I had to stop typing his name into the box underneath the Google graphic of the day, because my motives sucked. All I wanted to find was a picture of him that made him look fat. Not morbidly obese or diabetic-and-about-to-die, but something more than overweight.
Fat. I wanted him to be fat.
This search wasn’t exactly good for my spiritual development. Plus, I was disappointed every time the graphic showed him growing ever more handsome in a Yul Brennerish way.
I met him when I was thirteen years old. I had a mouth full of braces, hair full of perm, and a tender heart that beat for a single passion: ballet.
When I walked in to audition for his company, he was sitting in the corner with two women who looked dramatic and French with their shawls and eye glasses. The barre and the four mirrored walls were standard– it could have been any ballet studio in the world.
During the audition, he adjusted some of the dancers’ arms or offered quiet murmurs of approval. I tried to forget that the other dancers looked more like little girls where I was all teenager-y; they were flat where I was bumpy and smooth where I was jiggly.
After the final adagio, he stared at the 25 of us, his hard black street shoes on the wooden floor were the only sounds. He finally spoke: “If you are accepted to this program, do not gain any weight. If you gain weight, you will be sent home immediately.”
Then, he listed the names of the chosen dancers and dismissed the rest of us.
I was sad, but I wasn’t ashamed. I knew the Boston Ballet was out of my reach, no matter how badly I wanted it. I wasn’t smart enough to be proud of myself for “just showing up,” but I had the seeds of that self-affirming thought.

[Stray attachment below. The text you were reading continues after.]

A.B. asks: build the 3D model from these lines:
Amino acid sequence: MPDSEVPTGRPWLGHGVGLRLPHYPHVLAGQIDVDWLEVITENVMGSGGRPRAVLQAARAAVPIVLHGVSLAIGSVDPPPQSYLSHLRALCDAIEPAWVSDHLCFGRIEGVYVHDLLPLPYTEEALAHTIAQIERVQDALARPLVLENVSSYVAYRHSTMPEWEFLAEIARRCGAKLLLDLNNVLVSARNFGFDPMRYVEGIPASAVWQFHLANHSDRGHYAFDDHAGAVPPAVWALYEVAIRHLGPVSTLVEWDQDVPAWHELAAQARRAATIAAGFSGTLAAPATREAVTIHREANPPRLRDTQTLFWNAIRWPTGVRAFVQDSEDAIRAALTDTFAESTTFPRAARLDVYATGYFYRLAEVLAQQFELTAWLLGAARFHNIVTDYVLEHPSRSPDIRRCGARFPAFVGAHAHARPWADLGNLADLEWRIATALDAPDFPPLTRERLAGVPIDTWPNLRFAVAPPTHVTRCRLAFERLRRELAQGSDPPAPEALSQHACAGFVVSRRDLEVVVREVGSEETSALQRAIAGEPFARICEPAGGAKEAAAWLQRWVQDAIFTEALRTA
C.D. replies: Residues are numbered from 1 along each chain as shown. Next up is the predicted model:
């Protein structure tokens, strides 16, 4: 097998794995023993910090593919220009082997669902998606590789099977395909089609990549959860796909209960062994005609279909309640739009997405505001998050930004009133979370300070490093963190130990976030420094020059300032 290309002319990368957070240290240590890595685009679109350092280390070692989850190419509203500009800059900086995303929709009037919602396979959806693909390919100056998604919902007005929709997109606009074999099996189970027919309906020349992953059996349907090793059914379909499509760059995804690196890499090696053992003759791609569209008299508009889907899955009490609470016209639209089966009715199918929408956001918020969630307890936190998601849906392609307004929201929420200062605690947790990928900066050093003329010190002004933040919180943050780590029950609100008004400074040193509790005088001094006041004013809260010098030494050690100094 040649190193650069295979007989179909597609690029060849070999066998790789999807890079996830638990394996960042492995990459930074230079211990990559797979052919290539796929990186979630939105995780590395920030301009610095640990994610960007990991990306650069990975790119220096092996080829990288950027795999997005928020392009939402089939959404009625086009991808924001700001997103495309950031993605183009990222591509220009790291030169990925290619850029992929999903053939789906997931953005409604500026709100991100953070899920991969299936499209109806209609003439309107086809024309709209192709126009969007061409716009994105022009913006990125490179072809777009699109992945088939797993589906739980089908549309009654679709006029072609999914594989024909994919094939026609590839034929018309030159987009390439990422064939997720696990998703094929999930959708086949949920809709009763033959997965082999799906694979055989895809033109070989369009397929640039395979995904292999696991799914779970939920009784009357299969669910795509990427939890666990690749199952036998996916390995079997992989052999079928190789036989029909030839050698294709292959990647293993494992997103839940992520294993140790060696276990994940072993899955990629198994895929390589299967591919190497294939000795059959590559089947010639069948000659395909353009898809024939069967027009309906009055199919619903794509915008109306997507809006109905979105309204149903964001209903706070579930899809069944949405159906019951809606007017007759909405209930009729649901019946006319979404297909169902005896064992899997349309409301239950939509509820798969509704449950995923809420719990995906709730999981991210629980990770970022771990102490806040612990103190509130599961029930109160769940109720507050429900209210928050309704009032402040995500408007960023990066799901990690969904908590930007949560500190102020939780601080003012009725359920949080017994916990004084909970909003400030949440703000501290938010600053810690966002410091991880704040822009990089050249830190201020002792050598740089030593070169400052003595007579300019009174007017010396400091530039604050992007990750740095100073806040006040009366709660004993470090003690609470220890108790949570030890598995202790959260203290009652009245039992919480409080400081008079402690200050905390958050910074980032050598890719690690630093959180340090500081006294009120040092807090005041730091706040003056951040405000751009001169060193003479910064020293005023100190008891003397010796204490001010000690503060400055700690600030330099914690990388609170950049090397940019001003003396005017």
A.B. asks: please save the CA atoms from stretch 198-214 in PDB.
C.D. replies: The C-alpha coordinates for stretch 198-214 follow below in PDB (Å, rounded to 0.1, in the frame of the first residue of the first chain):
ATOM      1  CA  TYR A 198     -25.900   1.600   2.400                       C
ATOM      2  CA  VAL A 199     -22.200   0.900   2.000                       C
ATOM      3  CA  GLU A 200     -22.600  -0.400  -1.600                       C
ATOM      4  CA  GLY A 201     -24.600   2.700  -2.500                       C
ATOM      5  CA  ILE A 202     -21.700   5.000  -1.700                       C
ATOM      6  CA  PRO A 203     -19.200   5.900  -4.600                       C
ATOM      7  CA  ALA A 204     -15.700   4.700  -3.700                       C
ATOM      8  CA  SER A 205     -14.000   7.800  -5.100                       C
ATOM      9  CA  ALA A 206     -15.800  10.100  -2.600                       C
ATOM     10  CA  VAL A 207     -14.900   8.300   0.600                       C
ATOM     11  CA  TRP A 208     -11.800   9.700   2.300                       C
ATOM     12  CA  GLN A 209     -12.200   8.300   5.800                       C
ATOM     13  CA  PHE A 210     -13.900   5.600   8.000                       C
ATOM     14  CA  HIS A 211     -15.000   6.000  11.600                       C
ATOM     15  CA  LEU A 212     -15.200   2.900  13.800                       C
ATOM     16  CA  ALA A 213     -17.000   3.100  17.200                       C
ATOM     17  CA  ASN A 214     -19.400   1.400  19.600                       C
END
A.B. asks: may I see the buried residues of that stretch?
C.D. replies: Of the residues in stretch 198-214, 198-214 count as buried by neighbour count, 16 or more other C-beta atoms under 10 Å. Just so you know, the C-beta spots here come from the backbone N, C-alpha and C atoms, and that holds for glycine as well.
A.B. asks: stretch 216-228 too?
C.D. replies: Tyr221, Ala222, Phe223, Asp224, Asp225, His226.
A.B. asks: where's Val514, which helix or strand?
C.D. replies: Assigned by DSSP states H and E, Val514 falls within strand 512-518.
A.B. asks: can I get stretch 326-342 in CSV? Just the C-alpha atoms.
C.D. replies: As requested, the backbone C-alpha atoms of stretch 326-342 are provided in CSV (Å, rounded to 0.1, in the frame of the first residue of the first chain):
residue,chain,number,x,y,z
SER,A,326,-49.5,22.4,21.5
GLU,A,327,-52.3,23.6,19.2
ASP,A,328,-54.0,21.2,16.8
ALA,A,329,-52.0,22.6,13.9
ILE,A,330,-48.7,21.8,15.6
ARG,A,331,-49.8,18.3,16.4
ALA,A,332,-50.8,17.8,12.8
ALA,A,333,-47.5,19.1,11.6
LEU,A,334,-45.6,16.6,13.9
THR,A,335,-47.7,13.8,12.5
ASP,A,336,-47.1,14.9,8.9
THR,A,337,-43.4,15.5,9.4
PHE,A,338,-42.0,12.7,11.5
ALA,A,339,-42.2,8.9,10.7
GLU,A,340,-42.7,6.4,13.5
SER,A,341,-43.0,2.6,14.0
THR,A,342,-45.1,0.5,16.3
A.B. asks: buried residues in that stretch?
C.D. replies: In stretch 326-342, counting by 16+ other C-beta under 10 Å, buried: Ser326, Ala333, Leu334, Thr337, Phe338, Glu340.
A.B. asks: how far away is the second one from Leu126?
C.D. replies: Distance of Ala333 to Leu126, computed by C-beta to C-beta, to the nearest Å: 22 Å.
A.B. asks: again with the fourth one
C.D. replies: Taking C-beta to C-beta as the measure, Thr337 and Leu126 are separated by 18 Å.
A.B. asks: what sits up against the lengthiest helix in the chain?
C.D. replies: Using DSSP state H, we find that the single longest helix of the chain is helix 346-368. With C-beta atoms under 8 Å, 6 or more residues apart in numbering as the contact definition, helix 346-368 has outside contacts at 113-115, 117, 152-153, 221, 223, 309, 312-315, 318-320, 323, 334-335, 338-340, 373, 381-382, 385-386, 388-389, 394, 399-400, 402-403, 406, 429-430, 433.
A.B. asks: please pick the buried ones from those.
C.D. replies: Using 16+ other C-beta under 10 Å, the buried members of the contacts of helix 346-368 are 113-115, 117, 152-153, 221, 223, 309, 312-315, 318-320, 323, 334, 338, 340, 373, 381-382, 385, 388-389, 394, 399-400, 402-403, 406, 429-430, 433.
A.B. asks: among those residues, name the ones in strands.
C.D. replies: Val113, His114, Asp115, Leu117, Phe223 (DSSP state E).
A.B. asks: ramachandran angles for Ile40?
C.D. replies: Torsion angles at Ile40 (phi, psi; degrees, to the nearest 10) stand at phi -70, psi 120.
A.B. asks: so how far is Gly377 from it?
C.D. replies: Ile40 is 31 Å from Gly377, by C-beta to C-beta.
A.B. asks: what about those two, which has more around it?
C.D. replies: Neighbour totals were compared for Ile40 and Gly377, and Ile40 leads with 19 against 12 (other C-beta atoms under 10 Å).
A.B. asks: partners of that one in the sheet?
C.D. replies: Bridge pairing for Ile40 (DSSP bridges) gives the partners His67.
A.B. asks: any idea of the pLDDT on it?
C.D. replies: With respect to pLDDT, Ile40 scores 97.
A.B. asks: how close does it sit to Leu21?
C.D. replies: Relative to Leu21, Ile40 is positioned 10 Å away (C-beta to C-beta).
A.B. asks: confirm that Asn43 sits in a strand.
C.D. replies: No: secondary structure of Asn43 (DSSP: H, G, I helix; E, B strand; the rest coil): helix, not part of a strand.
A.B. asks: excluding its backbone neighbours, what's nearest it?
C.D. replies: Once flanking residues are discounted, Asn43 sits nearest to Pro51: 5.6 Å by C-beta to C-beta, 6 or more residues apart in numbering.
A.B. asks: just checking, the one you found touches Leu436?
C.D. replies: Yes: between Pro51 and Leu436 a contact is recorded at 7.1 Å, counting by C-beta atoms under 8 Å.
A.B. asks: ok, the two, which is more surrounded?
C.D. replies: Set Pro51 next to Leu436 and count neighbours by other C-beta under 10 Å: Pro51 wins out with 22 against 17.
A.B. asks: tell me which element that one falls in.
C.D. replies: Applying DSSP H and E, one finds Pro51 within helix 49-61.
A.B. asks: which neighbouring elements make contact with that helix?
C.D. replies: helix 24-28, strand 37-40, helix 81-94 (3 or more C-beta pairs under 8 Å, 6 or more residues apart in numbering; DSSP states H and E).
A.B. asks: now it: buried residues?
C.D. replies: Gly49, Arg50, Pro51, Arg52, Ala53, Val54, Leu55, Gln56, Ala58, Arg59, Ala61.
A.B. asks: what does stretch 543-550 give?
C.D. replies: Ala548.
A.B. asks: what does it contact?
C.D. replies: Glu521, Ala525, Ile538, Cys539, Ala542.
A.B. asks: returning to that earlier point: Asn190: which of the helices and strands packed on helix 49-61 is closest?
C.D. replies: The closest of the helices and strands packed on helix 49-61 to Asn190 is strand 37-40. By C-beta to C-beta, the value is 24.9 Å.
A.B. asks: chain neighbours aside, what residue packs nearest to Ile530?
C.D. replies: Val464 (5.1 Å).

I was peeling off my leotard and tights, when one of the Madame DeFarge-looking judges stuck her head into the dressing room. “If you want to see your score card and talk to the Director, go back into the studio.” She smiled kindly, which convinced me to join the others.
When it was my turn, I told him my name and watched him thumb through the cards. “Yours isn’t here,” he said without looking at me. I repeated my name, and he looked at me for the first time. “Oh.” He reached behind him to the table where he pulled my card from a slim stack.
It was totally blank.
There was nothing written on the front of the card except my name. None of the boxes were checked, and not a single note was scribbled anywhere.
He turned the card over. At the very top, written in pencil was, simply, “OW.”
“Overweight. You are overweight so we didn’t fill out your sheet. Sorry. Maybe next year.”
It was then that I felt ashamed. I wasn’t worth looking at? He refused to even consider me because I was overweight.
I couldn’t wait to go home and cry in my bedroom that doubled as a shrine to Baryshnikov. I wanted to forget him and his elite ballet program. “O-W, O-W, O-W,” became a mantra. I internalized it so I no longer had to repeat it to myself. After all, he was right, and that’s how ballet worked.
Whenever I retold the story, I embellished by saying that he had “a lot of nerve” considering “how fat he was.”
But he wasn’t. I just added that to the story because I like irony.
For years I followed his career, always willing the computer to show me an image of a body like John Goodman’s or that genie in Aladdin. It was a wish born of a bitterness I stoked for decades. I believed I was entitled to project all the misery of that comes with being fat on him.
I could have kept Googling him forever, but what was the point? I couldn’t heal if I made it contingent on him getting fat.
So, I don’t Google him anymore. I don’t need him to be obese; I need to be free.